Contingent Liability


DEFINITION of 'Contingent Liability'

A potential obligation that may be incurred depending on the outcome of a future event. A contingent liability is one where the outcome of an existing situation is uncertain, and this uncertainty will be resolved by a future event. A contingent liability is recorded in the books of accounts only if the contingency is probable and the amount of the liability can be estimated.


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BREAKING DOWN 'Contingent Liability'

Outstanding lawsuits and product warranties are common examples of contingent liabilities.

For example, a company may be facing a lawsuit from a rival firm for patent infringement. If the company's legal department thinks that the rival firm has a strong case, and the company estimates that the damages payable if the rival firm wins the case are $2 million, it would book a contingent liability of this amount on its balance sheet. If, on the other hand, the company's legal department is of the opinion that the lawsuit is frivolous and very unlikely to be won by the rival company, no contingent liability would be necessary.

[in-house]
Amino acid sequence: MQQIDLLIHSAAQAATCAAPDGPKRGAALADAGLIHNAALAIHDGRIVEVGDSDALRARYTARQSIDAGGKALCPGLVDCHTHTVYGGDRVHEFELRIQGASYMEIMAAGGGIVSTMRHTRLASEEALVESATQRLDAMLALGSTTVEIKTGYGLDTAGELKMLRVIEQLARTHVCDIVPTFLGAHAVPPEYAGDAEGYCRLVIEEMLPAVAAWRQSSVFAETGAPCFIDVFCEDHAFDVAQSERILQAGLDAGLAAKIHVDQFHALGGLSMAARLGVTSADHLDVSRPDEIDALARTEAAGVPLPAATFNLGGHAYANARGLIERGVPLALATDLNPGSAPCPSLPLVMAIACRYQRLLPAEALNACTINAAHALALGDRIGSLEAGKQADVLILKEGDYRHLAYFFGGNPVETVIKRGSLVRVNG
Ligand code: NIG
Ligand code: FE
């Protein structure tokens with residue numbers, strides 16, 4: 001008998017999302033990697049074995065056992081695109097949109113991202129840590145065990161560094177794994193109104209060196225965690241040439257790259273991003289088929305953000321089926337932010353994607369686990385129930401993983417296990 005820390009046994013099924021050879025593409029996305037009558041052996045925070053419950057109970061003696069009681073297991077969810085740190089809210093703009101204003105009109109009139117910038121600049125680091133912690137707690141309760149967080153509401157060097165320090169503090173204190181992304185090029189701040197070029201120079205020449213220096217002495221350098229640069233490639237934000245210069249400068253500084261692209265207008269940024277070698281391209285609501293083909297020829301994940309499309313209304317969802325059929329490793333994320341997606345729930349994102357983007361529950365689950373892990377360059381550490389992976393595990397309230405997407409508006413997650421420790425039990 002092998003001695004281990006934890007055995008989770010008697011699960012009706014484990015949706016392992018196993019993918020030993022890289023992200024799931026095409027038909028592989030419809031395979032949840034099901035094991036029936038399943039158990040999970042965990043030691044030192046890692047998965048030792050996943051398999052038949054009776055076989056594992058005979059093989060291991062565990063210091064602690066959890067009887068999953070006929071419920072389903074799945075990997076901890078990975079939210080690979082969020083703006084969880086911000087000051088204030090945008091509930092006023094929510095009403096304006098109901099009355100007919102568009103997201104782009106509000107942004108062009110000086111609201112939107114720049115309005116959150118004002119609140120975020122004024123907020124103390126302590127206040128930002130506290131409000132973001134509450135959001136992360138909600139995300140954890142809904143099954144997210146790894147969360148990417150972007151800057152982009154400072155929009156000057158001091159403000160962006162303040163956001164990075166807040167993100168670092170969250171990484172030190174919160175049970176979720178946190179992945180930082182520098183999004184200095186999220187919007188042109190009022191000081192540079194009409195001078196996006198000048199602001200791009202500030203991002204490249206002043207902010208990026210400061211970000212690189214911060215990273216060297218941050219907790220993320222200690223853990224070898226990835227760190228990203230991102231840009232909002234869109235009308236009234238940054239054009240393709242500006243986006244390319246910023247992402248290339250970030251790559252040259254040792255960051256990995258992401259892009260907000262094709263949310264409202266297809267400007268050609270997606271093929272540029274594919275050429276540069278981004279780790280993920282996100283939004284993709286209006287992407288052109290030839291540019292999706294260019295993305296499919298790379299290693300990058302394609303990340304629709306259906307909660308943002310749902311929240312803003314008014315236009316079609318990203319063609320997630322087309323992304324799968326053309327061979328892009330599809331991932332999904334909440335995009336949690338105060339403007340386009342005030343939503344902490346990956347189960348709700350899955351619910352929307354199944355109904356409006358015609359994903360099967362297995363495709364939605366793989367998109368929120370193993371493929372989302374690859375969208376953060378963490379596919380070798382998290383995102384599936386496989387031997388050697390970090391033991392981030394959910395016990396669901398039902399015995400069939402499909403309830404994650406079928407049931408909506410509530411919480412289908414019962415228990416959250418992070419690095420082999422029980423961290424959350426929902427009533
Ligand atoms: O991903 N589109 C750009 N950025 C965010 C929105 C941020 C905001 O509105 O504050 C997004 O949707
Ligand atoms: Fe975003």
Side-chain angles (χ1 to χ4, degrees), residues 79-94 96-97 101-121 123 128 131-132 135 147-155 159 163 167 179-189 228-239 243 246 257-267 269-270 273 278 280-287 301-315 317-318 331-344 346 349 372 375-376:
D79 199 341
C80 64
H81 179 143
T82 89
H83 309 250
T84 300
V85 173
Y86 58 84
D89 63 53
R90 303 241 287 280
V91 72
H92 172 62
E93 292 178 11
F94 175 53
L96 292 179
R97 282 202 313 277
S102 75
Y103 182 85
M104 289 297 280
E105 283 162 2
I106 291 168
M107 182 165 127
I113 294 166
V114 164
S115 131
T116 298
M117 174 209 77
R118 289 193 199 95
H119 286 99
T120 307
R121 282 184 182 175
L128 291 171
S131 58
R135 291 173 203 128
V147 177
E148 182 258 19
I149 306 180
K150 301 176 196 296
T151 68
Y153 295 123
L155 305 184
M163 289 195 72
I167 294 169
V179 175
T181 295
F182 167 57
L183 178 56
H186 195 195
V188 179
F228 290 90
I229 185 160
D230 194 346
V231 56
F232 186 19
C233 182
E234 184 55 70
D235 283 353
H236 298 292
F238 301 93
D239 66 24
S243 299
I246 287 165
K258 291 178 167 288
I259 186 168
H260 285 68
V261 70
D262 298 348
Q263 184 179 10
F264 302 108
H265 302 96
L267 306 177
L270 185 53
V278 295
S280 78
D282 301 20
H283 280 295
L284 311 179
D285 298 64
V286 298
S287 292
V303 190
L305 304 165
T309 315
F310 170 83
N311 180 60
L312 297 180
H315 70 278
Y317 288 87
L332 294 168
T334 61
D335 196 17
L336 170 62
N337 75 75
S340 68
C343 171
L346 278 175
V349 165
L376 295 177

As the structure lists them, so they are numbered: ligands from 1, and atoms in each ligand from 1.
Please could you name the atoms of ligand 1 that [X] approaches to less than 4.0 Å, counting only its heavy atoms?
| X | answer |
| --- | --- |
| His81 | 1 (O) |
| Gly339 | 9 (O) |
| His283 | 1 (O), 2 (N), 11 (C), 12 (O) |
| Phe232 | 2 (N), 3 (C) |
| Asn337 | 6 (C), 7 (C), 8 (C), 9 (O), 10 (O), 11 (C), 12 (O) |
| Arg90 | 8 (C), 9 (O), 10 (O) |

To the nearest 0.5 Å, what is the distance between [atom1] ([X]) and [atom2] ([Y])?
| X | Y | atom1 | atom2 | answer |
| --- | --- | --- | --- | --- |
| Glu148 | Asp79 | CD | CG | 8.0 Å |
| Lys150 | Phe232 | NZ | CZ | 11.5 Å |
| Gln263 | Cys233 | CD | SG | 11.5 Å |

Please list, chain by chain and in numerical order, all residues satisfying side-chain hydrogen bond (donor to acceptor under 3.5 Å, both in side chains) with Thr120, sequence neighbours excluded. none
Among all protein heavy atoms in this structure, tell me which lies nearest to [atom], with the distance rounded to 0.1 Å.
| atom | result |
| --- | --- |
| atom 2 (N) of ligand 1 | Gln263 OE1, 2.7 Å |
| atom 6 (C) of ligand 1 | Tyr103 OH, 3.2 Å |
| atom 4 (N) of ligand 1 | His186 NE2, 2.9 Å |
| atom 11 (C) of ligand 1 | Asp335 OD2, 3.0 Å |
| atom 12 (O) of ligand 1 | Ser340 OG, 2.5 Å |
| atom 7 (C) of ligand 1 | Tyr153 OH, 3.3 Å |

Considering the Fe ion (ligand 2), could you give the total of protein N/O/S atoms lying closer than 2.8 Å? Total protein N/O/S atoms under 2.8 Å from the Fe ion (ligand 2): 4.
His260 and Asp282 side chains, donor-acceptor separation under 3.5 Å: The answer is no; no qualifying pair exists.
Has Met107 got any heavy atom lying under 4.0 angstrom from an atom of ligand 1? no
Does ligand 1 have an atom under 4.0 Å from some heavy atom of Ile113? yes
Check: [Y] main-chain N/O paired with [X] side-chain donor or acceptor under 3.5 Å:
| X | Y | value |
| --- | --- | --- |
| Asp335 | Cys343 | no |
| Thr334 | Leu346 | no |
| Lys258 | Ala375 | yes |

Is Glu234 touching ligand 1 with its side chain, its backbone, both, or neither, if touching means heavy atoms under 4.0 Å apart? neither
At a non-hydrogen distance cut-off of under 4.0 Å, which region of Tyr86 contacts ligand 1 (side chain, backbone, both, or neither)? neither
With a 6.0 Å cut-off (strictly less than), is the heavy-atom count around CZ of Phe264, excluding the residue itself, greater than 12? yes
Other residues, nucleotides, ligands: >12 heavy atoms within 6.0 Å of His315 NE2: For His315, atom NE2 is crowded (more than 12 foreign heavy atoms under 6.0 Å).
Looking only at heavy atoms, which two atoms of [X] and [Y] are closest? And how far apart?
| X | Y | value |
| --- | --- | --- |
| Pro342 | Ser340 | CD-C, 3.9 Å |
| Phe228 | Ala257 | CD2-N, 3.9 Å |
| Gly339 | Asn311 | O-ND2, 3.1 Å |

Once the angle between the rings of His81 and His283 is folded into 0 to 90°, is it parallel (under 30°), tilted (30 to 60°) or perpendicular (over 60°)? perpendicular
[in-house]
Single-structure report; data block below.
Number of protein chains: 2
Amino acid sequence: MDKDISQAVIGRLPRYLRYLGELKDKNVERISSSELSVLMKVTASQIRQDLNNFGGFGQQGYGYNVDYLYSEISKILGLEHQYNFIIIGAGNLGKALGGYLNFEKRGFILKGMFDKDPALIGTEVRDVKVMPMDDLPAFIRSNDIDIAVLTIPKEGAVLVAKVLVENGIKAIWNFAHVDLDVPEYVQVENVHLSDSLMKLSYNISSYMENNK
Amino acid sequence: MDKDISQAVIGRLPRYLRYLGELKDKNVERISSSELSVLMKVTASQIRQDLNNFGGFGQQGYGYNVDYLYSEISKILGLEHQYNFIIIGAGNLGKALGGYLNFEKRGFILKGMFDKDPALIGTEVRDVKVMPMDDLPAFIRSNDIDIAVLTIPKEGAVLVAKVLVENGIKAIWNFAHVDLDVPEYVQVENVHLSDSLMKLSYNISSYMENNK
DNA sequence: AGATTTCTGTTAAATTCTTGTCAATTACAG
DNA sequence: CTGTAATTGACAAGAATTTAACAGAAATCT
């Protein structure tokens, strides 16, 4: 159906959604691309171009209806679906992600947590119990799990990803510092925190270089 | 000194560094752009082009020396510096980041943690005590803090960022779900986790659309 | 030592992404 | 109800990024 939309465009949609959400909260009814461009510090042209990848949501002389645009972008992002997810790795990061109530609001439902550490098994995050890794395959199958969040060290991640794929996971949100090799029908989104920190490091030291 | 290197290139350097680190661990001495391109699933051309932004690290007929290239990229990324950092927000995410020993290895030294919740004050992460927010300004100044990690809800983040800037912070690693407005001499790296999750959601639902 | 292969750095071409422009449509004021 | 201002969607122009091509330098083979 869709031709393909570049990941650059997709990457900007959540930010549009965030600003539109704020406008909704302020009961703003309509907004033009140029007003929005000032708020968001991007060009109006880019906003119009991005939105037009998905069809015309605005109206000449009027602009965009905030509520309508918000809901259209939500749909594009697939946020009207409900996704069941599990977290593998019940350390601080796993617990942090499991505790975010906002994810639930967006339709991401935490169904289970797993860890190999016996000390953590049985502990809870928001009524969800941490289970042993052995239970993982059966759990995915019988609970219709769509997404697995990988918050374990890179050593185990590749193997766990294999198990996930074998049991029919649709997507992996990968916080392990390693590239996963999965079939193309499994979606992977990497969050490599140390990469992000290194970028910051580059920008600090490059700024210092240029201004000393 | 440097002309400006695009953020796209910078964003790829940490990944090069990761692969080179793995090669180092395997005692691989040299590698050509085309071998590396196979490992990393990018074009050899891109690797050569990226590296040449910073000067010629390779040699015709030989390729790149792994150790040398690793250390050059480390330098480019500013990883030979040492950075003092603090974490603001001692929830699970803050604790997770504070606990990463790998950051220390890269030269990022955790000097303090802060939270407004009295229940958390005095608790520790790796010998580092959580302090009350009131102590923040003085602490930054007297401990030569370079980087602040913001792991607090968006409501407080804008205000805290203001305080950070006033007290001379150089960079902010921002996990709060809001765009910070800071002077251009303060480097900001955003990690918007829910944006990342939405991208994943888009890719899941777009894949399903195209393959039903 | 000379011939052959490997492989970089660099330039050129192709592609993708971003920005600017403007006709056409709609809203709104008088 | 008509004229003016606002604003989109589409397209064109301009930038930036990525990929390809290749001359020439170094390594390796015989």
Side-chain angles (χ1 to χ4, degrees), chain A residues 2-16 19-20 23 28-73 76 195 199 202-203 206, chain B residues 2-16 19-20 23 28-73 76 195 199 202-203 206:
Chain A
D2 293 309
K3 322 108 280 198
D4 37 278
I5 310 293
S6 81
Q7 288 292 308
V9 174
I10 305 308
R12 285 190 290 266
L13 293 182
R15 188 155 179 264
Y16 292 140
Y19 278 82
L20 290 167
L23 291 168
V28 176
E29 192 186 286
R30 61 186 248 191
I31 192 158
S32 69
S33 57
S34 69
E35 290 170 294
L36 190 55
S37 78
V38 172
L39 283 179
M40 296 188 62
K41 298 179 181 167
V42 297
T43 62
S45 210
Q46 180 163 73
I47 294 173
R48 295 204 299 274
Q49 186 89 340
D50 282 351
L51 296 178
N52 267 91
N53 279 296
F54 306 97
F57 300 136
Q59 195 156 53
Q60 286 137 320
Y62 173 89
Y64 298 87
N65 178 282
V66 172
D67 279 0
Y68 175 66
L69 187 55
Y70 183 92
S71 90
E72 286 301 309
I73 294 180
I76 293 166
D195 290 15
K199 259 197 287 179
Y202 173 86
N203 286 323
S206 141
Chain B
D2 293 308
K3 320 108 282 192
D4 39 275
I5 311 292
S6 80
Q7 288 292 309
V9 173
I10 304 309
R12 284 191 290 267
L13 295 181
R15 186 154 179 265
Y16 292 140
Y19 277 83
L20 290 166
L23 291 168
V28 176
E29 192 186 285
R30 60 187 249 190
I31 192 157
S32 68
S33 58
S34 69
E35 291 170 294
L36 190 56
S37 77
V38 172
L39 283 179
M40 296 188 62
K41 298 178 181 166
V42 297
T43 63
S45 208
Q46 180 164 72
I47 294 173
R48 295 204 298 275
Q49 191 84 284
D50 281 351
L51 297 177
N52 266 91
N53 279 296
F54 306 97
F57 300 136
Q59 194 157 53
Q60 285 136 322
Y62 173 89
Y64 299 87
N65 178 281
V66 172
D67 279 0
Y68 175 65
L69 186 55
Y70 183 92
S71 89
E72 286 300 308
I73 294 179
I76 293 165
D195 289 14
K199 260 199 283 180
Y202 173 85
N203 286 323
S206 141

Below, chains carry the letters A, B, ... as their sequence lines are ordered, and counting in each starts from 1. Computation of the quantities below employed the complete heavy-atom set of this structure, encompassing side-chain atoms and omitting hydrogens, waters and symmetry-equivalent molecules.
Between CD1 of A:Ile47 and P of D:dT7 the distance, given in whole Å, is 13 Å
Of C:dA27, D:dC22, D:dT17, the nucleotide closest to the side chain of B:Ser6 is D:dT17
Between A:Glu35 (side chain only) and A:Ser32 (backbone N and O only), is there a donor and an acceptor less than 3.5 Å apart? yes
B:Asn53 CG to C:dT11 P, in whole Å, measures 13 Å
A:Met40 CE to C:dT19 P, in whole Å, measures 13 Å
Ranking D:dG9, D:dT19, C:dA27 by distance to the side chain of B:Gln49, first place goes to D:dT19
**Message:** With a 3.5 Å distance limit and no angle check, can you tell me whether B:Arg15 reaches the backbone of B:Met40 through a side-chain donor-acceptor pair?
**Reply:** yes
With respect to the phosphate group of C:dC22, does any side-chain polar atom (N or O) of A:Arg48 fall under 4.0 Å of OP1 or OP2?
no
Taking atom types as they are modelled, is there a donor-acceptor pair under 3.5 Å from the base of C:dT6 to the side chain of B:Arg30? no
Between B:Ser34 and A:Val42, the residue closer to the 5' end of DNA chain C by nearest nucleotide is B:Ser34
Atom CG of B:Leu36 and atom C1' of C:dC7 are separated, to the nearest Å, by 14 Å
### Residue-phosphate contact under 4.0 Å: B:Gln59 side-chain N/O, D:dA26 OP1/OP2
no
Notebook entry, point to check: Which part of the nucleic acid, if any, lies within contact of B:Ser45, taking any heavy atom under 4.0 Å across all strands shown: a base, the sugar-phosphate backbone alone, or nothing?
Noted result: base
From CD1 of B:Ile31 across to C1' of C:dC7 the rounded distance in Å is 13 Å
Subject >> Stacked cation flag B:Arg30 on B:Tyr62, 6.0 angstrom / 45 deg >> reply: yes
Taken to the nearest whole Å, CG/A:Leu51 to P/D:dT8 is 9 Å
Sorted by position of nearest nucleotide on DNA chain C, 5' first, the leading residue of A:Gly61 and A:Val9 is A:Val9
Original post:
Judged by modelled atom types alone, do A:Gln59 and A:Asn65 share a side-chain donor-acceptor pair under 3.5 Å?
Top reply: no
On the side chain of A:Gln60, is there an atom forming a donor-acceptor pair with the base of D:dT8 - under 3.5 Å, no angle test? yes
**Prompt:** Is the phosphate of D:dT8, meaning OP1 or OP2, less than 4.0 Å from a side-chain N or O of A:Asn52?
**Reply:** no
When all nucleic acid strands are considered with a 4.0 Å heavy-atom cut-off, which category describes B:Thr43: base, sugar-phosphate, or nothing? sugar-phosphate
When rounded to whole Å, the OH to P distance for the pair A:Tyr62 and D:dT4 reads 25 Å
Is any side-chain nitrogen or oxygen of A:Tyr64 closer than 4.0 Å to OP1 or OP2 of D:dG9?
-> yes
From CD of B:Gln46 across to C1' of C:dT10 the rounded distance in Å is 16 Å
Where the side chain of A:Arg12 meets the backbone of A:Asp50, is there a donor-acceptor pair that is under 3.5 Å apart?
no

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  1. How might a company's contingent liabilities affect its share price?

    Contingent liabilities are likely to have a negative impact on a company's stock share price because they threaten to reduce ... Read Full Answer >>
  2. What types of future events are taking into account for contingent liability?

    Contingent liabilities are potential liabilities that a company may incur that are dependent on the outcome of future events ... Read Full Answer >>
  3. How are contingent liabilities reflected on a balance sheet

    Contingent liabilities need to pass two thresholds before they can be reported in the financial statements. First, it must ... Read Full Answer >>
  4. How do I read and analyze an income statement?

    The income statement, also known as the profit and loss (P&L) statement, is the financial statement that depicts the ... Read Full Answer >>
  5. Does working capital include prepaid expenses?

    The calculation for working capital includes any prepaid expenses that are due within one year, since such prepaid expenses ... Read Full Answer >>
  6. Does working capital include short-term debt?

    Short-term debt is considered part of a company's current liabilities and is included in the calculation of working capital. ... Read Full Answer >>

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